miniature cages are made from various materials and today,
used as a way of bringing good luck into the home.
In ancient days, the cricket cage was used for
exactly what it sounds like – holding crickets.
The cages are handmade and feature a tiny door that
slides open and shut. On
the top of the cricket cage is a small hook or eyelet that
can be used to hang it for decoration.
Although cricket cages do come in various sizes, on
average, they measure about 3x4 inches.
When it comes to Chinese superstition, the
cricket plays a critical role. Throughout history, they have resembled intelligence and good
fact, if a person were to harm a cricket, it was believed
they would have great misfortune.
Even today, in parts of eastern Asian, the male
cricket will be caged so people can enjoy the song they
The Chinese culture is filled with
interesting and unique facts, with the cricket being one.
Children in China still love catching crickets and
placing them in cages.
No doubt, this will be a favorite pastime throughout
The cricket culture in China dates back
2000 years and encompasses singing insects and fighting
the Tang Dynasty from 500 BC to 618 AD, the crickets were
respected for their powerful ability to “sing”.
It was during this time that they started being
captured and kept in cages so their songs could be heard all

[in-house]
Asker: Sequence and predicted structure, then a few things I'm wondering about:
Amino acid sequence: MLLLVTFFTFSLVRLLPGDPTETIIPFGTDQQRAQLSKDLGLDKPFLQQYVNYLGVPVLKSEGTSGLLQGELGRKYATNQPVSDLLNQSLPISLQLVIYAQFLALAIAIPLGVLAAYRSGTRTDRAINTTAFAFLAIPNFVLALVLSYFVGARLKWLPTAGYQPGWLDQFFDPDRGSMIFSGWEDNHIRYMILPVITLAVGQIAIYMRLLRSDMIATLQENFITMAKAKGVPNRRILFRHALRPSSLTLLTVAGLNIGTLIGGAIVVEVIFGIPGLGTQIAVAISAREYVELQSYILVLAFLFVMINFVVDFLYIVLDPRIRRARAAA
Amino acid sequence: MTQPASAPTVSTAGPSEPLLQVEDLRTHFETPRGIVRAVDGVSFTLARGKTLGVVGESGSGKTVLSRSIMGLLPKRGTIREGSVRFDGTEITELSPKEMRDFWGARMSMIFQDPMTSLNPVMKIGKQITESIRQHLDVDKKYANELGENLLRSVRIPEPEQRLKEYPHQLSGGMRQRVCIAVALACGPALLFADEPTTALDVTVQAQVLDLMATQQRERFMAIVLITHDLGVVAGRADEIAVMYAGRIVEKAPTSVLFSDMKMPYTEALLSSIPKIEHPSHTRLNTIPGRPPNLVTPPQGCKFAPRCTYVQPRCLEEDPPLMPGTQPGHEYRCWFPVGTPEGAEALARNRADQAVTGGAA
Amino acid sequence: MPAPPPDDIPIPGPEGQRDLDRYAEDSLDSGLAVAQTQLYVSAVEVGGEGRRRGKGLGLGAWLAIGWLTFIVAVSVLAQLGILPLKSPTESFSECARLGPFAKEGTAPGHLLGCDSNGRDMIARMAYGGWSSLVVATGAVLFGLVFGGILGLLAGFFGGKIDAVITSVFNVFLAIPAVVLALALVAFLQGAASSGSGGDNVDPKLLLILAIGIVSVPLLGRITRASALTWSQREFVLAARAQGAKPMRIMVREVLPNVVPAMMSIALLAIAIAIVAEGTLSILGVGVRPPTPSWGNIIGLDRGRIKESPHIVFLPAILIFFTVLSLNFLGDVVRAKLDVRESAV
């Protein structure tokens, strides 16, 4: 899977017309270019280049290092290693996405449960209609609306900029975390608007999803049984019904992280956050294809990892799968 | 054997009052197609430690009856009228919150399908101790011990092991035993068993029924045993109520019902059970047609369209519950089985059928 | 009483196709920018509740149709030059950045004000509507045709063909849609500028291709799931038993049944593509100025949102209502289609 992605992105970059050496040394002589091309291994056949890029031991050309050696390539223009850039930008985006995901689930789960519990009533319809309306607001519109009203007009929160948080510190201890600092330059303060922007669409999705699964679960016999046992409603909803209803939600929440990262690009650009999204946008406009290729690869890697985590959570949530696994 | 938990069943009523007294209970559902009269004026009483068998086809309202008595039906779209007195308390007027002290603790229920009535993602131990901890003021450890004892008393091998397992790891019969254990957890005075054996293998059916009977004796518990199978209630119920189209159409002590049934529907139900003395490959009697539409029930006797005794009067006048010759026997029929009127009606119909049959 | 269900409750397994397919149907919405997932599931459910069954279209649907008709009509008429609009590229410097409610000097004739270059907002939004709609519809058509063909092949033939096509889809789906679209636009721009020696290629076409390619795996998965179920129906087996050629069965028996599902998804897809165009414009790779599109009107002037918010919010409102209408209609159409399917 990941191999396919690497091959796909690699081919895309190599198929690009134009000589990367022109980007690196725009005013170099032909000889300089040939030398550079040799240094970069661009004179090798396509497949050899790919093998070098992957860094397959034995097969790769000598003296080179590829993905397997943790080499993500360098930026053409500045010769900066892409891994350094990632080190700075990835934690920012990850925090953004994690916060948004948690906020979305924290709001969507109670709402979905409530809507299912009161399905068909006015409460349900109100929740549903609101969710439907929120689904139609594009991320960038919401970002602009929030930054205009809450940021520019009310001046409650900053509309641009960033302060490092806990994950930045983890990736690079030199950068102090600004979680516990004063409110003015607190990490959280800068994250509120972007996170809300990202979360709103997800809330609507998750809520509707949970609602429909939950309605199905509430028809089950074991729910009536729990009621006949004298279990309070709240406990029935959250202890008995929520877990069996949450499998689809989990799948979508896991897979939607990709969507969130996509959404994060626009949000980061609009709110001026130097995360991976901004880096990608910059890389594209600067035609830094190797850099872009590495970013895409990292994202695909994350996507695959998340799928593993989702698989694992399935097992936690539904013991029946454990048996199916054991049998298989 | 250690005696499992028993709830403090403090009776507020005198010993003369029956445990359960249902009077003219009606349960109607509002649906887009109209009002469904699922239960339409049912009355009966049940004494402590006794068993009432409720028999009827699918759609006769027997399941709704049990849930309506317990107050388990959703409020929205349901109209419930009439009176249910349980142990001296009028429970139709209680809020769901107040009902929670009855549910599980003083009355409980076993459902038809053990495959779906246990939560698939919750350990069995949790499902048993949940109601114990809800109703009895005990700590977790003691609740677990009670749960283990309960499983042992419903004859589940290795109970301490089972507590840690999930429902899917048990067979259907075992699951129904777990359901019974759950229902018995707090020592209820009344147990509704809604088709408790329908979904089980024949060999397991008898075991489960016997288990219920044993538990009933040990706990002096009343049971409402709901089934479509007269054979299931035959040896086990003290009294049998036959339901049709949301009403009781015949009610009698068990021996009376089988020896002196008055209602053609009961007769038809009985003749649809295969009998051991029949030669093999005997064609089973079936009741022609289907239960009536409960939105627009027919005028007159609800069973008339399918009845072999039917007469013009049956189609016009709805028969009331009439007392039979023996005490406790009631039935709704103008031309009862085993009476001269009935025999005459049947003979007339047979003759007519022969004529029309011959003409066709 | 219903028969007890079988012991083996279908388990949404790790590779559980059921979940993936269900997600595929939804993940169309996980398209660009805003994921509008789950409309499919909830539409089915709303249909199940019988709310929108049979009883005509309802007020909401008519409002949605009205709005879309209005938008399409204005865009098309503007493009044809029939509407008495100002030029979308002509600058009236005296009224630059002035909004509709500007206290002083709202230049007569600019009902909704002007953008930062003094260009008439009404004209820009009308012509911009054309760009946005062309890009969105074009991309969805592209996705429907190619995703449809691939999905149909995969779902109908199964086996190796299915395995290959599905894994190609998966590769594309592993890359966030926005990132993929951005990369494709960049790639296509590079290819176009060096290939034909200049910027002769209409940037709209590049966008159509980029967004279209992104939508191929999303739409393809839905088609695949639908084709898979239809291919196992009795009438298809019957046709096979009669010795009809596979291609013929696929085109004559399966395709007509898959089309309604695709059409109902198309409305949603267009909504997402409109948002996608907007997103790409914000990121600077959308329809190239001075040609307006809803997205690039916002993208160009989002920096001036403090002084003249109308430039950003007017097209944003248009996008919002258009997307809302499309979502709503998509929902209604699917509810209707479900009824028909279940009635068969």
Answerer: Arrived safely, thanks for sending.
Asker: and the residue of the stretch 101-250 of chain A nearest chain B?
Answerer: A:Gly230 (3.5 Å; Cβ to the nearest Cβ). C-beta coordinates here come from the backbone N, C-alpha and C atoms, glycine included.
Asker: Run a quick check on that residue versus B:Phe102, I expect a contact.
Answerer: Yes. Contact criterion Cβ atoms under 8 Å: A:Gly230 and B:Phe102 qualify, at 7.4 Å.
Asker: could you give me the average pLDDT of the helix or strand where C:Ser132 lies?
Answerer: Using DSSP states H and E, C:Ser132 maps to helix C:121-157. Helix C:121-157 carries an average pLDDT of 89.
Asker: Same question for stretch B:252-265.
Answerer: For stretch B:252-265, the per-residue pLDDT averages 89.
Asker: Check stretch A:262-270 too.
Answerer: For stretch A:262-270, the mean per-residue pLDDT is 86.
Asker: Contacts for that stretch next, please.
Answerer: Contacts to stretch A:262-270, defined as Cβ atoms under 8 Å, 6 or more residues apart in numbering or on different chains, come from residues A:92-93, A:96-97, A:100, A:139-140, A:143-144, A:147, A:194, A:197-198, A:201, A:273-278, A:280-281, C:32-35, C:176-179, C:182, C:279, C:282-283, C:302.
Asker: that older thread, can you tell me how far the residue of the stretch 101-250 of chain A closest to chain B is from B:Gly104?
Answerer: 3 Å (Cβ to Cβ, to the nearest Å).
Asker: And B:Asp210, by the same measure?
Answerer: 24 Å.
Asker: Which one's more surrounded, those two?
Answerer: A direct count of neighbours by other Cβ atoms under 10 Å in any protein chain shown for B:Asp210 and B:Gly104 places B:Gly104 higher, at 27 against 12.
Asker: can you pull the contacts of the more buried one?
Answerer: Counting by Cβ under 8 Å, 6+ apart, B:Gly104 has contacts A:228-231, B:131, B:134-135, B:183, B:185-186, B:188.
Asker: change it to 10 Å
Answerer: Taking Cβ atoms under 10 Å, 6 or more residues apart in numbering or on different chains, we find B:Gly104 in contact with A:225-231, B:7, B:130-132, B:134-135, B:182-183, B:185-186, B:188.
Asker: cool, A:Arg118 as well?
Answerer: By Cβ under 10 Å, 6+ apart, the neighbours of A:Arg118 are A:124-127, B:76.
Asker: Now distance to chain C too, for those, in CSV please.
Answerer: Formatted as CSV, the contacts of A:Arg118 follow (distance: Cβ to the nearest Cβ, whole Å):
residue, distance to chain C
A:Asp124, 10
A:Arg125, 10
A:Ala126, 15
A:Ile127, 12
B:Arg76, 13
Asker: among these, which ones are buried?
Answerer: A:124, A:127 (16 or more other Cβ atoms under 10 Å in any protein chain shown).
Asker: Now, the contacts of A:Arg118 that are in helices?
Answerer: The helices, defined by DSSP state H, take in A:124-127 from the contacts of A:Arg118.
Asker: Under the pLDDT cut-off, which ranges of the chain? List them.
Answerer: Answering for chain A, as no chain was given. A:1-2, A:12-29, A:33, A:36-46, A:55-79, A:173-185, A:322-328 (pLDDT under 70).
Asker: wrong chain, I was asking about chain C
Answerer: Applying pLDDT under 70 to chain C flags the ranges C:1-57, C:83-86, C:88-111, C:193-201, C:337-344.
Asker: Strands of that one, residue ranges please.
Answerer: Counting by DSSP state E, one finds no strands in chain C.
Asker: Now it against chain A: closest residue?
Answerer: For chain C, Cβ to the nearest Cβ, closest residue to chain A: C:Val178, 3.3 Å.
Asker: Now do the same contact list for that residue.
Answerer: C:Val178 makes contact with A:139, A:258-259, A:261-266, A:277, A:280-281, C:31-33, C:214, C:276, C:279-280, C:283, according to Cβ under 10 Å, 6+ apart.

the time. In
the Song Dynasty from 960 to 1278 AD, a new sport was
developed called “cricket fighting”.
This sport became so popular that China
actually produced a Cricket Minister, Jia Shi-Dao who
reigned from 1213 to 1275.
However, he was accused of not managing his
responsibilities because he was obsessed with the
Then from 1427 to 1464, a Cricket Emperor, Ming
Xuan-Zhong ruled in favor of cricket fighting, making his
palace a major tribute to this insect. Literally thousands of crickets were sent to the capital
every year to discover their financial fate.
Amazingly, there are hundreds of documented stories
of people committing suicide because of a losing or injured
Eventually, even the Chinese farmers would
use the cricket to tell them when it was time to start
preparing the fields for the spring harvest.
This indicator of climate change is called Jing-Zhe,
which translates to “Walking of the Insects”.
Many famous Chinese songs were written,
keeping the sound of the cricket in mind.
For example, the autumn words Qiu, which are used in
songs, actually take on the shape of crickets that are
inscribed on bones or the shell of a tortoise.
Even well known collections of poems and proverbs
have been written that show reverence to the cricket.
Some of these include Shi Jing, Shi Zhong, Sha Ji,
and Cu Zhi.
combination of singing ability, strength and vitality, and
life cycles are what make this a creature of appreciation.
The fact that crickets lay hundreds of eggs lines up
perfectly with the Chinese belief that of all the
ingredients for life, the one most important for success is
to have as many children as possible.